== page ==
Wednesday, 22 December 2010

Malaysian toll road company, Plus Expressways, to be "privatised"

PLUS Expressways is Malaysia's biggest concessionaire toll road company, and one of the largest toll road companies in Southeast Asia.  It is part of the UEM Group, which itself is a wholly owned subsidiary of Malaysian government investment company Khazanah Nasional.   So PLUS is a government owned company.

It owns subsidiaries in Malaysia, India and Indonesia.  973km of tolled expressways in Malaysia are under the responsibility of PLUS.  PLUS is an acronym for its first concession company formed in 1986 - Projek Lebuhraya Utara Selatan -which itself is responsible for the North-South Expressway from the Thai border to Kuala Lumpur and south to Johor Bahru (border with Singapore), otherwise known as Routes E1 and E2.

PLUS subsidiaries are:
- ELITE (responsible for the E6 North-South Expressway Central Link, effectively a Kuala Lumpur bypass).
- LINKEDUA (Malaysia-Singapore Second Link and associated expressway);
- KLBK (E15 Butterworth-Kulim Expressway);
- PHS (Helicopter charter company);
- TERAS (E-commerce and online facilities management);
- PLUS BKSP (India responsible for the 21.6-km Bhiwandi-Kalyan-Shil Phata Highway in the state of Maharashtra);
- LMS (Indonesia responsible for the 116-km Cikampek-Palimanan toll highway); and
- CCTW (Indonesia responsible for the as yet incomplete 25.4-kilometre Package 4 Cimanggis-Cibitung Toll Road).

Maps are on the PLUS website, showing how it is responsible for most of the major routes in Malaysia.  It is proud of its rest areas, laybys, viewpoints and even roadside motels and restaurants.  Given it competes not only with free existing roads, but also the railway and airline services, it clearly seeks to attract motorists.  Tolls are manual with barrier based ETC, but a transition has already started to create fully electronic free flow toll points such as on the Malaysia-Singapore Second Link.   It is government policy to move all toll roads to multi-lane electronic free flow tolling to reduce congestion.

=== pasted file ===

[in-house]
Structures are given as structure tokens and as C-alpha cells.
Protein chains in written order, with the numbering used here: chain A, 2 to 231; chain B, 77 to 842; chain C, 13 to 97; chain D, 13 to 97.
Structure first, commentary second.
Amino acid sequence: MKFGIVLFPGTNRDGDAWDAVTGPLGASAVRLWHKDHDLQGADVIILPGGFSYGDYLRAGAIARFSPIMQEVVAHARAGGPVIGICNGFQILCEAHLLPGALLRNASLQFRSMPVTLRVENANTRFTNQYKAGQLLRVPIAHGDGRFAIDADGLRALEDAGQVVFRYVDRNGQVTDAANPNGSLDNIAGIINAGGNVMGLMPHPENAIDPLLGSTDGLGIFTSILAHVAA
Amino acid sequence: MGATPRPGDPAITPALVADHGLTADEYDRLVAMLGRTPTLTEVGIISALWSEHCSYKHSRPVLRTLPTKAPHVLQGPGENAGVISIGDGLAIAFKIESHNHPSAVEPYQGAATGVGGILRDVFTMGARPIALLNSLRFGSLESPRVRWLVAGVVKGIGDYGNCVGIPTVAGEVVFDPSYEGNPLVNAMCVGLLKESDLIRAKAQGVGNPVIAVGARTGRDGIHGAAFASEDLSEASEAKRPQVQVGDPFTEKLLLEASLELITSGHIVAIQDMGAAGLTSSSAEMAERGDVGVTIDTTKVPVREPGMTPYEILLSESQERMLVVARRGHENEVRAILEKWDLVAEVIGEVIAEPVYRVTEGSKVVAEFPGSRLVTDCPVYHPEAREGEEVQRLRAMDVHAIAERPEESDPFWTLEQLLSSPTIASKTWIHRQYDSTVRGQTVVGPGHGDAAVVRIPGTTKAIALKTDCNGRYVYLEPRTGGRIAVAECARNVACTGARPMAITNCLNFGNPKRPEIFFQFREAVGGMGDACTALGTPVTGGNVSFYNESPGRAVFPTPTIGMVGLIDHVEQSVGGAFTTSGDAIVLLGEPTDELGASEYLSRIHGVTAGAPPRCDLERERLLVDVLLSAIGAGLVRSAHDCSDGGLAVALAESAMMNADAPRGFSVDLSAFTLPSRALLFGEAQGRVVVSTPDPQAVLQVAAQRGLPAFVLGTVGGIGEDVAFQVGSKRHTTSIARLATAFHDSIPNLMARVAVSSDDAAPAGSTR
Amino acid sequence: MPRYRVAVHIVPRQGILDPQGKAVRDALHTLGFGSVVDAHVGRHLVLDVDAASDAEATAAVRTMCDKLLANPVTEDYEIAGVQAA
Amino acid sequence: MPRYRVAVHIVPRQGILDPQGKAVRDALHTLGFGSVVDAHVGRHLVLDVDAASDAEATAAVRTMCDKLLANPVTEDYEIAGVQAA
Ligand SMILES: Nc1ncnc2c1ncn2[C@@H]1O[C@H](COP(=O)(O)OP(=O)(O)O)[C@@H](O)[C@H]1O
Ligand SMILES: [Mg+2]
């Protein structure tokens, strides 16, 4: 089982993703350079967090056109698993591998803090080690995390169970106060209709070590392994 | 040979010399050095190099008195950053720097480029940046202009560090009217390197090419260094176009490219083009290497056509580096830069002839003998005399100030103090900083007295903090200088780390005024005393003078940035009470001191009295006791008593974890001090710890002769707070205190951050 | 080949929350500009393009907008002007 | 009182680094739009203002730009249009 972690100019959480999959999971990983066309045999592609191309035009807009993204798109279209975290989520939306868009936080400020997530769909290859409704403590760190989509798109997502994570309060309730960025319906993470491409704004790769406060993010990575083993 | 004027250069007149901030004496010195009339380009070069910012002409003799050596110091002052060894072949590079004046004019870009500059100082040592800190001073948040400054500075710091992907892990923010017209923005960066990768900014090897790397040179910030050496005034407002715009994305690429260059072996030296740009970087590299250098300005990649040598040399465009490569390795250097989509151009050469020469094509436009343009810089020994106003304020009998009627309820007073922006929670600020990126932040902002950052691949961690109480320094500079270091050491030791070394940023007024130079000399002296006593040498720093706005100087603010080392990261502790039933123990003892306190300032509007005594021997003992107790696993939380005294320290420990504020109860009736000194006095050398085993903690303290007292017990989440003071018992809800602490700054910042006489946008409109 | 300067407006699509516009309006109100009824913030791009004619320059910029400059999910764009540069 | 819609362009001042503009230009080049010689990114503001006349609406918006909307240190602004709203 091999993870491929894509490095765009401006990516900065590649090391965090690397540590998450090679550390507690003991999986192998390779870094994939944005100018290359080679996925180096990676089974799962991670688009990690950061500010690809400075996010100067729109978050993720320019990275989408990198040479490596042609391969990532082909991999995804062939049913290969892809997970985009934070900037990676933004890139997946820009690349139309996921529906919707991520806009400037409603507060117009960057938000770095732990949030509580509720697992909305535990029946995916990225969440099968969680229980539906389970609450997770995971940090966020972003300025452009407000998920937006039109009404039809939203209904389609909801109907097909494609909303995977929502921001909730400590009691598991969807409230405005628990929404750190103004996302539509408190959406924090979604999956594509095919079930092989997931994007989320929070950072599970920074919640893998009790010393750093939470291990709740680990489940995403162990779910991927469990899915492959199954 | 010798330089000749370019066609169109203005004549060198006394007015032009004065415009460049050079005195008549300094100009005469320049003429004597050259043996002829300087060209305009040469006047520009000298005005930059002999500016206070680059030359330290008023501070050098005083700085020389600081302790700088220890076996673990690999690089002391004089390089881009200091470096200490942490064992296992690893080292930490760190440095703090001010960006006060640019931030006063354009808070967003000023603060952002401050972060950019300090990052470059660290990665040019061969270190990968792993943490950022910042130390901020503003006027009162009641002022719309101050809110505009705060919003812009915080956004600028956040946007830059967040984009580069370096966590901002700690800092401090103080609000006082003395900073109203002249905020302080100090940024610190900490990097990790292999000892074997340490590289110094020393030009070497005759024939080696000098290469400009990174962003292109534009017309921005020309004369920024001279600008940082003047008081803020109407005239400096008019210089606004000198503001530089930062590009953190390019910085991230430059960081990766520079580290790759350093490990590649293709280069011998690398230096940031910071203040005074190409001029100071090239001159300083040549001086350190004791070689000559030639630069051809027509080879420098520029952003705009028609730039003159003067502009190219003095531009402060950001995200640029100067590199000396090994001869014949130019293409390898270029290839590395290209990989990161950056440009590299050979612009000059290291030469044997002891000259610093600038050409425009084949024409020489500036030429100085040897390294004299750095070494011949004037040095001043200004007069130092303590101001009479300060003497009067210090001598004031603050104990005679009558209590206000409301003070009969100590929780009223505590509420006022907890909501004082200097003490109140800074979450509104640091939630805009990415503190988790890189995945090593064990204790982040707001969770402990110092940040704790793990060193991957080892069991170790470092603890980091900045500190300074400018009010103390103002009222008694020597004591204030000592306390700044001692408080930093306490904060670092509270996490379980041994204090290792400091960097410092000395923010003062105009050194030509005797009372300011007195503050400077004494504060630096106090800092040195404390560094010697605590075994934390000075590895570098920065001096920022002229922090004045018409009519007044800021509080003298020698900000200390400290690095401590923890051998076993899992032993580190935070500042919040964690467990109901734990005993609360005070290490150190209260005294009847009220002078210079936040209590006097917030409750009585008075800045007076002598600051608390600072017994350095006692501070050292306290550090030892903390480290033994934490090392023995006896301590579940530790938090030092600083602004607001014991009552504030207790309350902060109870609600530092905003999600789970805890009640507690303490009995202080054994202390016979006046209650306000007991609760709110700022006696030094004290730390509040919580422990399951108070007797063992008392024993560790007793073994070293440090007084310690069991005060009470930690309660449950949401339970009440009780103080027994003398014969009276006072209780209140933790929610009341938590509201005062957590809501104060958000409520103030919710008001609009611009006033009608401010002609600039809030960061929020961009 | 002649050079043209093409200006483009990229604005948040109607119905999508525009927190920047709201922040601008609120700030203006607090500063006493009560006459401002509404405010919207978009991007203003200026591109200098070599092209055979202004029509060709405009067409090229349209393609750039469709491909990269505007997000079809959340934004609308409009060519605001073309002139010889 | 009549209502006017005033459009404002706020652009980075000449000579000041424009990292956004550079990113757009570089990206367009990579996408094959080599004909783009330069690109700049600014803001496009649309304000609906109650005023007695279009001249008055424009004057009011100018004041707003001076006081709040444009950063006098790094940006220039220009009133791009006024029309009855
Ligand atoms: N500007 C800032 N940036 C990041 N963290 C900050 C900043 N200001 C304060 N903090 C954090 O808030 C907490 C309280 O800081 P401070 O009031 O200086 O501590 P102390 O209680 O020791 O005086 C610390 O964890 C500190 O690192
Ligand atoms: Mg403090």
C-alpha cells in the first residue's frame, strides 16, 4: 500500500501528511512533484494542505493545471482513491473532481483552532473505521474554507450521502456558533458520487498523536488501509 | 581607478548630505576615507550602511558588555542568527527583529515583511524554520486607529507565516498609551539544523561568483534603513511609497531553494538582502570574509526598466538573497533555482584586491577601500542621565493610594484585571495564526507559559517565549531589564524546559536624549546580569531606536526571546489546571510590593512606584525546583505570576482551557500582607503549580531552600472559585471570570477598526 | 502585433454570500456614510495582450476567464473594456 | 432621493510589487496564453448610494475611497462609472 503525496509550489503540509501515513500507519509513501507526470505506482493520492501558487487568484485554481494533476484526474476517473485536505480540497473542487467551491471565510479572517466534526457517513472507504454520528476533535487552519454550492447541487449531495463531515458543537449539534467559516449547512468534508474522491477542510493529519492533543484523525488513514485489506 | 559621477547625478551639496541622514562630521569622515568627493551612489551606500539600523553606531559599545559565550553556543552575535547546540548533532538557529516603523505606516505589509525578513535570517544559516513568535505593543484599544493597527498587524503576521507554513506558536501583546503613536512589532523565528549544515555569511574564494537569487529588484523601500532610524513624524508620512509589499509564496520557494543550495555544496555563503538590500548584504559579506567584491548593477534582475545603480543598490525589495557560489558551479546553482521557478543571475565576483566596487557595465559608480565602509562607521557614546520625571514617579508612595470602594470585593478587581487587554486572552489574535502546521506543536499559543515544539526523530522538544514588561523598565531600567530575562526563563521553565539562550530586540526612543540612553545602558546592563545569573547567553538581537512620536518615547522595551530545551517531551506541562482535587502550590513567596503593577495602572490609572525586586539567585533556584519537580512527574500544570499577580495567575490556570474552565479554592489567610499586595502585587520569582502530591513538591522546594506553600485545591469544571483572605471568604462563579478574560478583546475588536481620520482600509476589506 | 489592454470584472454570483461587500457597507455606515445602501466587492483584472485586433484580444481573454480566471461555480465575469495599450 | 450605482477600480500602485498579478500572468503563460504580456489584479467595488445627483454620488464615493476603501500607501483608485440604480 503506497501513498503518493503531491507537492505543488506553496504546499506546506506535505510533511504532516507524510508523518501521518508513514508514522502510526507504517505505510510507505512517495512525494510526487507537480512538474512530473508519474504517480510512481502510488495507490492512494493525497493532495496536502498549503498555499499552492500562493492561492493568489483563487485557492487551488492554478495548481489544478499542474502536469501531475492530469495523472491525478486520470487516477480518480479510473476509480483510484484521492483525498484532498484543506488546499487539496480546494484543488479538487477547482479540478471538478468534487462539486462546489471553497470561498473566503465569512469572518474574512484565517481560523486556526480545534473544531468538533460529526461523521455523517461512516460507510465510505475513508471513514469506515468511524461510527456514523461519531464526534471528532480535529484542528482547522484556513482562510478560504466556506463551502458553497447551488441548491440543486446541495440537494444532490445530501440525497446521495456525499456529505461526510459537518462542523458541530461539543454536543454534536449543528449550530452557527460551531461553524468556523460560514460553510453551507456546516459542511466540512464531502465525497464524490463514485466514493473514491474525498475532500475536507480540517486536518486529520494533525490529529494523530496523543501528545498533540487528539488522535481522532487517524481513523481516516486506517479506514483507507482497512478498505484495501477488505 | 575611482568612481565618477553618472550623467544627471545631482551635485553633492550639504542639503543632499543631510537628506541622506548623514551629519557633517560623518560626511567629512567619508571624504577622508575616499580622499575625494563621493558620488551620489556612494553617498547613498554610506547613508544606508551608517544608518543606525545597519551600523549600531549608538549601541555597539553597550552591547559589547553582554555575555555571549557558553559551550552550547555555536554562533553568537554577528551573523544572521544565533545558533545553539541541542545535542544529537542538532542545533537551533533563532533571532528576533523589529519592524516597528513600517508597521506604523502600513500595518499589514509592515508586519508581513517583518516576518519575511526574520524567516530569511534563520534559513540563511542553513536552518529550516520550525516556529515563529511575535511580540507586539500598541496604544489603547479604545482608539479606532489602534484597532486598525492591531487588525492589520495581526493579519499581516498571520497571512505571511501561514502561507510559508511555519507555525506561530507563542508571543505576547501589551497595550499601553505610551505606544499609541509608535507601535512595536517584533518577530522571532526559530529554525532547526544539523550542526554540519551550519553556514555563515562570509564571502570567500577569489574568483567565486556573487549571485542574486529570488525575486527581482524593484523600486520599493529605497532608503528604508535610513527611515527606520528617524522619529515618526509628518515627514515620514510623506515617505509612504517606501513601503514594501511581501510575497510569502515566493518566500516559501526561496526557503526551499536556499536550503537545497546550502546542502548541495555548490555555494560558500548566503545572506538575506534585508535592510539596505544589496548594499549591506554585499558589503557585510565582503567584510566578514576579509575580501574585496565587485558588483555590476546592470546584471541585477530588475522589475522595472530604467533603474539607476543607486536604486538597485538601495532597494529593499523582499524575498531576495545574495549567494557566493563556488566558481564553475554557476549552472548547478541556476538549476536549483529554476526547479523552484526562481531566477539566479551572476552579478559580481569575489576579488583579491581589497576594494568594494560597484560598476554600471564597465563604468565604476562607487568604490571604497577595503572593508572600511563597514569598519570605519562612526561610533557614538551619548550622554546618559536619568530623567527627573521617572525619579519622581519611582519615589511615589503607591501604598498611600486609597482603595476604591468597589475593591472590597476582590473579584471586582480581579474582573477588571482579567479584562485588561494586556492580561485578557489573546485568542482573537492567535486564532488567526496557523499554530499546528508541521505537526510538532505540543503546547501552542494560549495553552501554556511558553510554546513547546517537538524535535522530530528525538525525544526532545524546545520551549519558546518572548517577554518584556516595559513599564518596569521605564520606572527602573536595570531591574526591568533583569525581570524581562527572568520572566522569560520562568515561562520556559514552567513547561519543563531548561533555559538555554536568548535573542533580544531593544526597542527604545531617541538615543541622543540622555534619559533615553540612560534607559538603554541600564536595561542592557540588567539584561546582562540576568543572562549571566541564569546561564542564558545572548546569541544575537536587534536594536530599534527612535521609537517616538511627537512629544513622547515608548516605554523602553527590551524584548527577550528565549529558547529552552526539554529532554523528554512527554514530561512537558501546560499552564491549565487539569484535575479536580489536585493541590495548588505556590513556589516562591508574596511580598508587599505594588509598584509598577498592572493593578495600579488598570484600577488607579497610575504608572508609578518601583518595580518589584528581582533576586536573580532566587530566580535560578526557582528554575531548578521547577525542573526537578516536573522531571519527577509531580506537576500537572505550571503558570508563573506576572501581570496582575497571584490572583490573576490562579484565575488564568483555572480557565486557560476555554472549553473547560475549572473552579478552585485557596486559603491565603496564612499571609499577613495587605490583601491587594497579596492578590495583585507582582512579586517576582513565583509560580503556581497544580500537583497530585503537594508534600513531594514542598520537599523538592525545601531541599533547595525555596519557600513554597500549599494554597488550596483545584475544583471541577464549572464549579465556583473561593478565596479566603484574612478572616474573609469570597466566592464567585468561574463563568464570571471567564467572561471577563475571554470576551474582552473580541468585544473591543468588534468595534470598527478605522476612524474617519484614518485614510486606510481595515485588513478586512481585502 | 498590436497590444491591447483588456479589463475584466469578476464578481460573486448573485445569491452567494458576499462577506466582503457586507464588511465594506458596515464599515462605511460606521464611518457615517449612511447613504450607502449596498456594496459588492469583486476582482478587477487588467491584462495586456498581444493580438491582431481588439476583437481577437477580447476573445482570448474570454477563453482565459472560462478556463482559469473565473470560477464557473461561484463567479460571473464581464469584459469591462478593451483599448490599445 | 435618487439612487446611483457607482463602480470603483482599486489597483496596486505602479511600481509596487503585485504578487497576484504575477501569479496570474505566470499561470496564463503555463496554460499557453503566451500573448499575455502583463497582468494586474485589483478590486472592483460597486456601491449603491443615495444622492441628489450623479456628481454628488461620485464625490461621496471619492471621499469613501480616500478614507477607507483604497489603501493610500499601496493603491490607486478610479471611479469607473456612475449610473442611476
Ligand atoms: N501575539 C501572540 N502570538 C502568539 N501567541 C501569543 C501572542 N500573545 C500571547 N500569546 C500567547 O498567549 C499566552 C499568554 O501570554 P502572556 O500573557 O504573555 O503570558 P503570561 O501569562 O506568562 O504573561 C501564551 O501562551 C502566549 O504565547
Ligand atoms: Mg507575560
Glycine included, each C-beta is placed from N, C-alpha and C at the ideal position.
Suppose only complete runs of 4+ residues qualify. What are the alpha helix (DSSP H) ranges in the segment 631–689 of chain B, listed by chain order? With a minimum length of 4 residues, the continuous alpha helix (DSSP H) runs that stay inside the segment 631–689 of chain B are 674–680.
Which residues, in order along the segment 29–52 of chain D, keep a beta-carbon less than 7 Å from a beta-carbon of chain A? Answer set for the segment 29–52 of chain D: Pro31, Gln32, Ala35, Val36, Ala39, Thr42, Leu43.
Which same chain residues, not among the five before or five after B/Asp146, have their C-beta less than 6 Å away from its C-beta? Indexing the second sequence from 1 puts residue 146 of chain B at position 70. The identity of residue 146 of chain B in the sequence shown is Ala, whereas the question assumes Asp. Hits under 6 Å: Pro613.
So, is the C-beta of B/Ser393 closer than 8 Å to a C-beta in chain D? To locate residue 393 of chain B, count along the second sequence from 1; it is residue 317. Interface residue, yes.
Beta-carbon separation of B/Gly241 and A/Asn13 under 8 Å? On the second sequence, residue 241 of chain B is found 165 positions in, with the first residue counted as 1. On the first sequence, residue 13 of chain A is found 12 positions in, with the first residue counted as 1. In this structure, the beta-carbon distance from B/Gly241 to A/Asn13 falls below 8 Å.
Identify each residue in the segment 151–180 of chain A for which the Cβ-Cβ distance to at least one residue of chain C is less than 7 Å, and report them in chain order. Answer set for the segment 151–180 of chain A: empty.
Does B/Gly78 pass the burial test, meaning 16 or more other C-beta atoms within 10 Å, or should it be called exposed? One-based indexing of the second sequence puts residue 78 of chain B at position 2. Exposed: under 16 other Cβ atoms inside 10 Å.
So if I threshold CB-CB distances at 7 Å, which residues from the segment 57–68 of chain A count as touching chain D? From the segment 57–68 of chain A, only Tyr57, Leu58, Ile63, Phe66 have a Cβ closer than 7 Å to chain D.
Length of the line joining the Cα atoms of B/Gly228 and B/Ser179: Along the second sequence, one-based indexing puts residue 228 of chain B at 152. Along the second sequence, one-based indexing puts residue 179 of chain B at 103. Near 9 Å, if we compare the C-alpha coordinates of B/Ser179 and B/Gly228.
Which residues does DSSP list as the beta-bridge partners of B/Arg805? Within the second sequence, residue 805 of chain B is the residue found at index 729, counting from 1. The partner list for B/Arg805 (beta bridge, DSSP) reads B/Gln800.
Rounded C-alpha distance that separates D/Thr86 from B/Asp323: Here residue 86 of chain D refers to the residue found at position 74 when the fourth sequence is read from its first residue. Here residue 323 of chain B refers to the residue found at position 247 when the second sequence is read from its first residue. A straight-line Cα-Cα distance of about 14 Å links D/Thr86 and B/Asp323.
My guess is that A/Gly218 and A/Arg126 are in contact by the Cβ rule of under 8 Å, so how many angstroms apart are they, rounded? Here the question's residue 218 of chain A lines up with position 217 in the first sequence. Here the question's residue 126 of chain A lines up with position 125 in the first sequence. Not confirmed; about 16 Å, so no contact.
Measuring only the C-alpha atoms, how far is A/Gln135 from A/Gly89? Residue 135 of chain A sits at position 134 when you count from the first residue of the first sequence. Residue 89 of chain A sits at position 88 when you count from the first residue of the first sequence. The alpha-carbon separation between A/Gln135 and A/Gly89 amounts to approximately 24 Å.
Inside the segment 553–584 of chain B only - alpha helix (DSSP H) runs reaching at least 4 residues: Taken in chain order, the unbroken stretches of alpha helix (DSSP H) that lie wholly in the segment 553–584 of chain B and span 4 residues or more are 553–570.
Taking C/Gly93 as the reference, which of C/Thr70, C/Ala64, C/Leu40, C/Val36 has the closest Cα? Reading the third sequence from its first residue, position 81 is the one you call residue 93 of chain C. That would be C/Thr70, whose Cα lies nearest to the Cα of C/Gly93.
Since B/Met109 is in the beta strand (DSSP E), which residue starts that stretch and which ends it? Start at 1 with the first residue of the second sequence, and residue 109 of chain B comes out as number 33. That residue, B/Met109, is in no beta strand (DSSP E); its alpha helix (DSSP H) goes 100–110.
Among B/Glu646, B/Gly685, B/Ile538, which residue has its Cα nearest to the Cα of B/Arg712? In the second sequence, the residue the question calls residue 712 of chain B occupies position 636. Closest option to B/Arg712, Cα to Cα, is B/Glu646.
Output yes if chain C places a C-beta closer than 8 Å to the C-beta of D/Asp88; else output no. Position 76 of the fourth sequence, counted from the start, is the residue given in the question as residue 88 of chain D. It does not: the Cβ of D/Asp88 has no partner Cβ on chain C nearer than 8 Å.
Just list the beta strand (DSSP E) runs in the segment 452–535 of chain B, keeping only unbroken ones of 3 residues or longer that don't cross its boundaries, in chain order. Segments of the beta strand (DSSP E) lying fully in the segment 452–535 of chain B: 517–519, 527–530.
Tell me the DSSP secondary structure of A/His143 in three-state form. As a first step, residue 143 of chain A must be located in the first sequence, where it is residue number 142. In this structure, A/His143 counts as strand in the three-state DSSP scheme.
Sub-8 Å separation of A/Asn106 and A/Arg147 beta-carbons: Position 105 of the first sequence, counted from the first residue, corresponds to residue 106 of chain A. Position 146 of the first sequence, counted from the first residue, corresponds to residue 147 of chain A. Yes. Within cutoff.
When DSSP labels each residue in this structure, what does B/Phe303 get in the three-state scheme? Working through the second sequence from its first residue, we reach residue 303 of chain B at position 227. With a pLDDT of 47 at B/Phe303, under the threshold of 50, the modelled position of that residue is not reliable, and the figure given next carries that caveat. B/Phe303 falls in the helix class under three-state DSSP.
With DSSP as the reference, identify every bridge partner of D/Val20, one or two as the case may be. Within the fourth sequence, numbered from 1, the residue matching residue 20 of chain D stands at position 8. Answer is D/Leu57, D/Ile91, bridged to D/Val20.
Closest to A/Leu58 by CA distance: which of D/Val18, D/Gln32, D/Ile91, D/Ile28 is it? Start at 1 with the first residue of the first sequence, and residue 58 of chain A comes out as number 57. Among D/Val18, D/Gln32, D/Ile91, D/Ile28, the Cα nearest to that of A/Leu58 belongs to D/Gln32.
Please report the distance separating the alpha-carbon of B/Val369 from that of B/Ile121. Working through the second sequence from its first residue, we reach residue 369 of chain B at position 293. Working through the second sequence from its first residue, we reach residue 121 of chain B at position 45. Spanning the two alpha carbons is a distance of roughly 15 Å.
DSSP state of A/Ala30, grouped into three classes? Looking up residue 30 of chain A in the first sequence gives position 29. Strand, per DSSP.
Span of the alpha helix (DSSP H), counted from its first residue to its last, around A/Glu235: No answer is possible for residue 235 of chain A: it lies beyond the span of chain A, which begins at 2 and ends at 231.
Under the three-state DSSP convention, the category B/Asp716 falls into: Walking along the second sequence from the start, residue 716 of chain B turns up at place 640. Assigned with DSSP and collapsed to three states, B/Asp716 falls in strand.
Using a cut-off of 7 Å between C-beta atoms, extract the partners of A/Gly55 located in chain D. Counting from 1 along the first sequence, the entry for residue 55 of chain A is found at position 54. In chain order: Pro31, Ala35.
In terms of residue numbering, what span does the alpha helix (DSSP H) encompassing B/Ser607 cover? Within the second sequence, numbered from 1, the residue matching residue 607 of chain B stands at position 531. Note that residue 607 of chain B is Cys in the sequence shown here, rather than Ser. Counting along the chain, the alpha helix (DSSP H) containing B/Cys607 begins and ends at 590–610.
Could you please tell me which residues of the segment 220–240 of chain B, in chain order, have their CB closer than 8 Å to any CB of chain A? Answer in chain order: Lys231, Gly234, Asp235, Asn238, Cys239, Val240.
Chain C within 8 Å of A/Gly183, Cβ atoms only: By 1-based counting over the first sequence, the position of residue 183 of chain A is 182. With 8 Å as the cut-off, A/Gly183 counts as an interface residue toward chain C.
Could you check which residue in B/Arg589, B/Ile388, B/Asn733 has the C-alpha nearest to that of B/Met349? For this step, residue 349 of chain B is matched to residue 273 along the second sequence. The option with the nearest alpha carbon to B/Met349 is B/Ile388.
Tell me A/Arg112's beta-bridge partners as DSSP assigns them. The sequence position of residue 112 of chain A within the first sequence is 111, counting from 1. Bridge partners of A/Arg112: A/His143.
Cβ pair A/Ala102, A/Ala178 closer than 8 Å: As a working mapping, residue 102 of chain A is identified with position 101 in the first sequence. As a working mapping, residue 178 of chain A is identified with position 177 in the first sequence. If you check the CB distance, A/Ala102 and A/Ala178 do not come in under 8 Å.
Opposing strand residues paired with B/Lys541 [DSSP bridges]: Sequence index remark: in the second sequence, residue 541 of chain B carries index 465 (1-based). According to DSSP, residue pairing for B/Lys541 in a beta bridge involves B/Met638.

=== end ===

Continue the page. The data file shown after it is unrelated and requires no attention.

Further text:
It even has its own highway patrol unit.  Another feature of PLUS is a loyalty programme, whereby motorists earn the equivalent of frequent "drivers' points", based on distance travelled.

PLUS was listed on the Malaysian stock exchange in 2002.   45% of the company is not held by the Malaysian government, but divided between a pension fund and a wide range of small shareholders.  

However, the privatisation being touted in Malaysian media actually does not necessarily mean the private sector buying out the state shareholders, but may include the state shareholders buying out the private shareholders as well  - privatisation meaning removing it from being publicly listed.

The reason for the state shareholders to seek to buy out the private sector is because government recently announced tolls would be frozen for the next four years, making it a less attractive investment in some eyes.

Still, once again it shows how highways can be managed, by and large, commercially and operate effectively and efficiently.  It's a model virtually unknown in North America.

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